This article aims to help resolve the apparent paradox of producers of addictive goods who claim to be socially responsible while marketing a product clearly identified as harmful. It advances that reputation effects are crucial in this issue and that determining whether harm reduction practices are costly or profitable for the producers can help to assess the sincerity of their discourse. An analytical framework based on an epidemic model of addictive consumption that includes a deterrent effect of heavy use on initiation is developed. This framework enables us to establish a clear distinction between a simple responsible discourse and genuine harm reduction practices and, among harm reduction practices, between use reduction practices and micro harm reduction practices. Using simulations based on tobacco sales in France from 1950 to 2008, we explore the impact of three corresponding types of actions: communication on damage, restraining selling practices and development of safer products on total sales and on the social cost. We notably find that restraining selling practices toward light users, that is, preventing light users from escalating to heavy use, can be profitable for the producer, especially at early stages of the epidemic, but that such practices also contribute to increase the social cost. These results suggest that the existence of a deterrent effect of heavy use on the initiation of the consumption of an addictive good can shed new light on important issues, such as the motivations for corporate social responsibility and the definition of responsible actions in the particular case of harm reduction. PMID:22475402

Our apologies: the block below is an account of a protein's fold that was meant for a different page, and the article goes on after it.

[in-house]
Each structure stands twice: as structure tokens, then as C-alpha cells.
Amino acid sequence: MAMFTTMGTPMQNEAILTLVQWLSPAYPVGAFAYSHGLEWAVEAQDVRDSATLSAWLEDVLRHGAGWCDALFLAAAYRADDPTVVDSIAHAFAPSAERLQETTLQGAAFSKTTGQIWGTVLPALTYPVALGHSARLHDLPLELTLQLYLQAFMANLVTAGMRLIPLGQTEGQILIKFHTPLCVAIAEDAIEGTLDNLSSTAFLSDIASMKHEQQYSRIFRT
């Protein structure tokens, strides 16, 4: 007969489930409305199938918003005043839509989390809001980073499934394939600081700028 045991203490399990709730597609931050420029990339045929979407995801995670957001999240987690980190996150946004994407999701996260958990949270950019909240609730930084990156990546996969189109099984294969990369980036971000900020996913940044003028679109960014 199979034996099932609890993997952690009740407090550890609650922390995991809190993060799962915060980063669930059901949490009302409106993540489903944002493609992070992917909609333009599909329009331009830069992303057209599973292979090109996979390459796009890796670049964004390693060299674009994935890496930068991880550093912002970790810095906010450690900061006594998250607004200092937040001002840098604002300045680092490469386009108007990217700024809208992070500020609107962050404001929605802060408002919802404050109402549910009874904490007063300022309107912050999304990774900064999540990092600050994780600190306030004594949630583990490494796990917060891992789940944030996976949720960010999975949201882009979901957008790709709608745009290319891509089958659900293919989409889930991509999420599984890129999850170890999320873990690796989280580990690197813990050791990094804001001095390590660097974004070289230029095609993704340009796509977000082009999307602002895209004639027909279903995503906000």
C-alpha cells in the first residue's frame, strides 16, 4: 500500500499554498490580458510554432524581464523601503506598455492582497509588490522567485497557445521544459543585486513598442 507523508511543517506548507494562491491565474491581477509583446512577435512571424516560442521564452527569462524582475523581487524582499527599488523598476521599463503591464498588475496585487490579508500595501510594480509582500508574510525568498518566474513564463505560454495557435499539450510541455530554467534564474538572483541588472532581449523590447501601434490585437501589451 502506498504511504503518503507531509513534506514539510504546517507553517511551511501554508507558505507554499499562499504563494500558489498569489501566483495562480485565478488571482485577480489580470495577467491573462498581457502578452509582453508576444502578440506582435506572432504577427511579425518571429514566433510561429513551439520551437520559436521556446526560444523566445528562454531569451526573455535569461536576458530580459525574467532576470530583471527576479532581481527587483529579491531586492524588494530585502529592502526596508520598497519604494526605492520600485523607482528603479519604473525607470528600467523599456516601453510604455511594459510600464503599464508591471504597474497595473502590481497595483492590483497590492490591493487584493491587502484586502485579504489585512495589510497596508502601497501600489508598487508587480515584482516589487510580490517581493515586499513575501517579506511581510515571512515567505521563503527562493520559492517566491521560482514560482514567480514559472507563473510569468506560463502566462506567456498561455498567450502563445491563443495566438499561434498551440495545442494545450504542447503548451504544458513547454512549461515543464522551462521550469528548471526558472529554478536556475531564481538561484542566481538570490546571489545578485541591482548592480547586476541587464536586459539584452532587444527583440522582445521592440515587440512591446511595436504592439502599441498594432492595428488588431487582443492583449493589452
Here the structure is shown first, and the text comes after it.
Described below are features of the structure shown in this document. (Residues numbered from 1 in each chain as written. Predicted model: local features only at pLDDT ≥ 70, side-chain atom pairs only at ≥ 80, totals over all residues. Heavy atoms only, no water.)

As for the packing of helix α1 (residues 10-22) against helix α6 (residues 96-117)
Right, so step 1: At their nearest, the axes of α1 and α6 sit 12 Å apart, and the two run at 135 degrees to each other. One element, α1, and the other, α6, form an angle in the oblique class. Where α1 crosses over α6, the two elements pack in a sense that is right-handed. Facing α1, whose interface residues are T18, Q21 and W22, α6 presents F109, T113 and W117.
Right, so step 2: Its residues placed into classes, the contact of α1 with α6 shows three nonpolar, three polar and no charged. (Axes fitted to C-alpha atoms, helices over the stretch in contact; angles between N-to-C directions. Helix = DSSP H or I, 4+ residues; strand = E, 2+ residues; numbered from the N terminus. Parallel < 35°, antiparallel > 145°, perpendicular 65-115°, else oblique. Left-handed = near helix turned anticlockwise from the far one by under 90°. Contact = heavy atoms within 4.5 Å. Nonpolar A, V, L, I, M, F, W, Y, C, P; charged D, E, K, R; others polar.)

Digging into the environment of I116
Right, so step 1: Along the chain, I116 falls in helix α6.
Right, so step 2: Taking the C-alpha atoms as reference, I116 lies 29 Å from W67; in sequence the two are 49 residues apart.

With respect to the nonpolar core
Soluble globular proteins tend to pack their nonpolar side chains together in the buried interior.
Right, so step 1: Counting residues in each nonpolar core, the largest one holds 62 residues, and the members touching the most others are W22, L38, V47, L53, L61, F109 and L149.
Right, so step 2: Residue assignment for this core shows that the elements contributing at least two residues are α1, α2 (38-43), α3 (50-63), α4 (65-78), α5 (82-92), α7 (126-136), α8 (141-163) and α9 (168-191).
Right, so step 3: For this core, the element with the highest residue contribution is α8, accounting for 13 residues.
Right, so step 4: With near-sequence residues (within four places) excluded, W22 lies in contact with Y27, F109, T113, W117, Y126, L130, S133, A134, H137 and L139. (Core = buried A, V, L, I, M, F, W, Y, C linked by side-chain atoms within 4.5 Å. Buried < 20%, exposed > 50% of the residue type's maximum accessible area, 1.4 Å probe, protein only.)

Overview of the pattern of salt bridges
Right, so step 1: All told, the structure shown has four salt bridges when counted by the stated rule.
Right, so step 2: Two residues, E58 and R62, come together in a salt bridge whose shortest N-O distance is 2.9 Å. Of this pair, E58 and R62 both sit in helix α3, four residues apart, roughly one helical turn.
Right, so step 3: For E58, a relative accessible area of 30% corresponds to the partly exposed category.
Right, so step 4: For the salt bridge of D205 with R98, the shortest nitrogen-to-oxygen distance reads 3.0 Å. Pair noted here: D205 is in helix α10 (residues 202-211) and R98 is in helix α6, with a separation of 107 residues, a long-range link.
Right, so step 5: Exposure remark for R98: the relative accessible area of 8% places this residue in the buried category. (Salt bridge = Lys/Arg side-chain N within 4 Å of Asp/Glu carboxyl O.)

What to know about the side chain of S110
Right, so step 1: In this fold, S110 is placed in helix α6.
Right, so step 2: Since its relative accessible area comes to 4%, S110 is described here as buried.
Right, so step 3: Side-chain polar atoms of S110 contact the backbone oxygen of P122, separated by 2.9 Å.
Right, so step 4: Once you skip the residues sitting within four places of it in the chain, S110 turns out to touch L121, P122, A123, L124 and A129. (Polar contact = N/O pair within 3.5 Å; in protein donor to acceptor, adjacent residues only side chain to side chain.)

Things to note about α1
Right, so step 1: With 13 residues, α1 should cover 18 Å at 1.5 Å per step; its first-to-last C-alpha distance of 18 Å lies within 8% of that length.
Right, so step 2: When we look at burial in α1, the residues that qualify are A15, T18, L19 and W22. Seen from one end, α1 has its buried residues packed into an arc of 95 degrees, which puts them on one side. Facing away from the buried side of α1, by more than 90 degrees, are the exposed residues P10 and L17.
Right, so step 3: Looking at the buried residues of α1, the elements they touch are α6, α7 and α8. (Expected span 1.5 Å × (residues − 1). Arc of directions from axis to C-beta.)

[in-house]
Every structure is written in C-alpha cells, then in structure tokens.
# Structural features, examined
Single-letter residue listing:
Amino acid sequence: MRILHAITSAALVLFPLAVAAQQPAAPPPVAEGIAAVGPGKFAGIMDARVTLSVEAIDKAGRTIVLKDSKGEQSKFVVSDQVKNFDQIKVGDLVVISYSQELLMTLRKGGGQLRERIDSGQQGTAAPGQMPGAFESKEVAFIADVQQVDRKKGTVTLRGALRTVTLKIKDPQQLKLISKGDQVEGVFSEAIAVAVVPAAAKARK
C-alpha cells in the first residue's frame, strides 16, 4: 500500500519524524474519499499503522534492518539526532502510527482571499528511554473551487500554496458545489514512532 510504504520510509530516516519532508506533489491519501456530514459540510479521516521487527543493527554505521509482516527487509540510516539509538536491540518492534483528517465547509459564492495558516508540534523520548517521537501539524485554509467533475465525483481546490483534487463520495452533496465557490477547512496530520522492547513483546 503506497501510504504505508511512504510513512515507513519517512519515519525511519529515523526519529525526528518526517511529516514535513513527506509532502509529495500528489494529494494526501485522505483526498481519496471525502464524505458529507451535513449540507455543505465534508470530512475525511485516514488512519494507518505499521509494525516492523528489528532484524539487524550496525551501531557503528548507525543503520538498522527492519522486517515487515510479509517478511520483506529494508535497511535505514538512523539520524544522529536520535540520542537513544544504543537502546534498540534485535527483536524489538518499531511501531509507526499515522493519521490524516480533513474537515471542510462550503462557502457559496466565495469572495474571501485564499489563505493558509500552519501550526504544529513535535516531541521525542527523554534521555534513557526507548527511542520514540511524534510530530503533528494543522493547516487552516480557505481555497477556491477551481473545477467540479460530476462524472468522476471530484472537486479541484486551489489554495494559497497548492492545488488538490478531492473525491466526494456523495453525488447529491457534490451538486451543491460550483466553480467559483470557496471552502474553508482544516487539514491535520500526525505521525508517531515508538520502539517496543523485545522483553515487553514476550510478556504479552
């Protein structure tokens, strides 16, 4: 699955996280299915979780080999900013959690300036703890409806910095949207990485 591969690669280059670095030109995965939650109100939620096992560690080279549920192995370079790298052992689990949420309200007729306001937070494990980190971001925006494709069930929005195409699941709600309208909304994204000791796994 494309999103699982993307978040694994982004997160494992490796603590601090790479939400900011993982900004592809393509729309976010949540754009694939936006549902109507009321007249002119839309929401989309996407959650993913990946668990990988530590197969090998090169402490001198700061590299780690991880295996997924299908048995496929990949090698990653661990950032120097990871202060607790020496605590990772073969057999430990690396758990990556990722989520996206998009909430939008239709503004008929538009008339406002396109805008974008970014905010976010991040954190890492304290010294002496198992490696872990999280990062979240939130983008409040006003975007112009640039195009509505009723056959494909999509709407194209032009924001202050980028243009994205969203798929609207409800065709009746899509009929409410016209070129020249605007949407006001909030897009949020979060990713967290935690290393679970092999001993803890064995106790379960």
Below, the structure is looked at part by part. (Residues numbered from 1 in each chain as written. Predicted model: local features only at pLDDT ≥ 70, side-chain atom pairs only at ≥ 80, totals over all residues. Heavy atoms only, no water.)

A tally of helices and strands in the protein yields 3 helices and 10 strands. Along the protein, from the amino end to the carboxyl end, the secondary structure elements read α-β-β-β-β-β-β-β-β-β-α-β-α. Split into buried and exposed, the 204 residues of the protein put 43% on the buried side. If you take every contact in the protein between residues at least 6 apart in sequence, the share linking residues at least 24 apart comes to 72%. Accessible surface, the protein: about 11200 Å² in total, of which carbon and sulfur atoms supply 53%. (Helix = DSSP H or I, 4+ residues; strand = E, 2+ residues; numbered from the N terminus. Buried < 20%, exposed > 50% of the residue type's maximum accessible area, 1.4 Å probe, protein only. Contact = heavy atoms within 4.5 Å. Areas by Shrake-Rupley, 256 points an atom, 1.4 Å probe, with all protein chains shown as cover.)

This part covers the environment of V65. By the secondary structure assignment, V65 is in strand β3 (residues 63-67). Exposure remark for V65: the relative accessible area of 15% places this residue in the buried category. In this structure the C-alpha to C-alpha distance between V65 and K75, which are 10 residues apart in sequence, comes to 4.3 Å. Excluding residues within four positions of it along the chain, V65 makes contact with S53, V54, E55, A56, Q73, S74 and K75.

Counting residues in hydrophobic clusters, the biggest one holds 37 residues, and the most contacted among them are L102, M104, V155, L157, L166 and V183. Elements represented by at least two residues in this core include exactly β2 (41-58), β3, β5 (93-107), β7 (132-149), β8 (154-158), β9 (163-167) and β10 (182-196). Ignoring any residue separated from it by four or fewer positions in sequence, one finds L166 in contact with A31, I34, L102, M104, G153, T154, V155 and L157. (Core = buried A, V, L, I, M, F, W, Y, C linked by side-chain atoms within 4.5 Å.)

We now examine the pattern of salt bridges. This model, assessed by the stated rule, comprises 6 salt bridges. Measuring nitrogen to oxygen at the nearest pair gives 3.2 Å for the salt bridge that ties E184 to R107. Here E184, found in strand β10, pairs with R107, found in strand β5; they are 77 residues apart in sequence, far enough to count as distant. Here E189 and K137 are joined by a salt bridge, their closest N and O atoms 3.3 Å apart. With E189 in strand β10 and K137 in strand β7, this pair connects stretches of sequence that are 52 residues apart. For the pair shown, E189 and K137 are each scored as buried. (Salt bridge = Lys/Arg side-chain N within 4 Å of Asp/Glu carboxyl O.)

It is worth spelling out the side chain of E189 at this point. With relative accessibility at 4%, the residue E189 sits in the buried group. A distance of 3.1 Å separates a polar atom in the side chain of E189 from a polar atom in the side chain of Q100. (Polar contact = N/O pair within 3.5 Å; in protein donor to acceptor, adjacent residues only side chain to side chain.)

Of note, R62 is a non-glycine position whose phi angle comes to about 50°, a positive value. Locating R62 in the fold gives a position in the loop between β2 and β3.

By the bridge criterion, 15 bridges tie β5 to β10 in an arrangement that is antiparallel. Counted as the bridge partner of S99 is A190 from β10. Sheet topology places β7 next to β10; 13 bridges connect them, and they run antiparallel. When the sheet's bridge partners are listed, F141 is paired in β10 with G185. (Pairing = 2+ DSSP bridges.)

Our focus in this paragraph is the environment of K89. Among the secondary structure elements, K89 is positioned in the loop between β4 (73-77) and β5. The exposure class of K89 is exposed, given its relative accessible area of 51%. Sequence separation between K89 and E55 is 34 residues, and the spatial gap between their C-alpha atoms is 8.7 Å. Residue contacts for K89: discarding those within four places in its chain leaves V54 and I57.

20. Learning a New Approach to Teach in a Traditional Context: A Case of Thai Primary School Teachers Making Fundamental Changes in Their Practice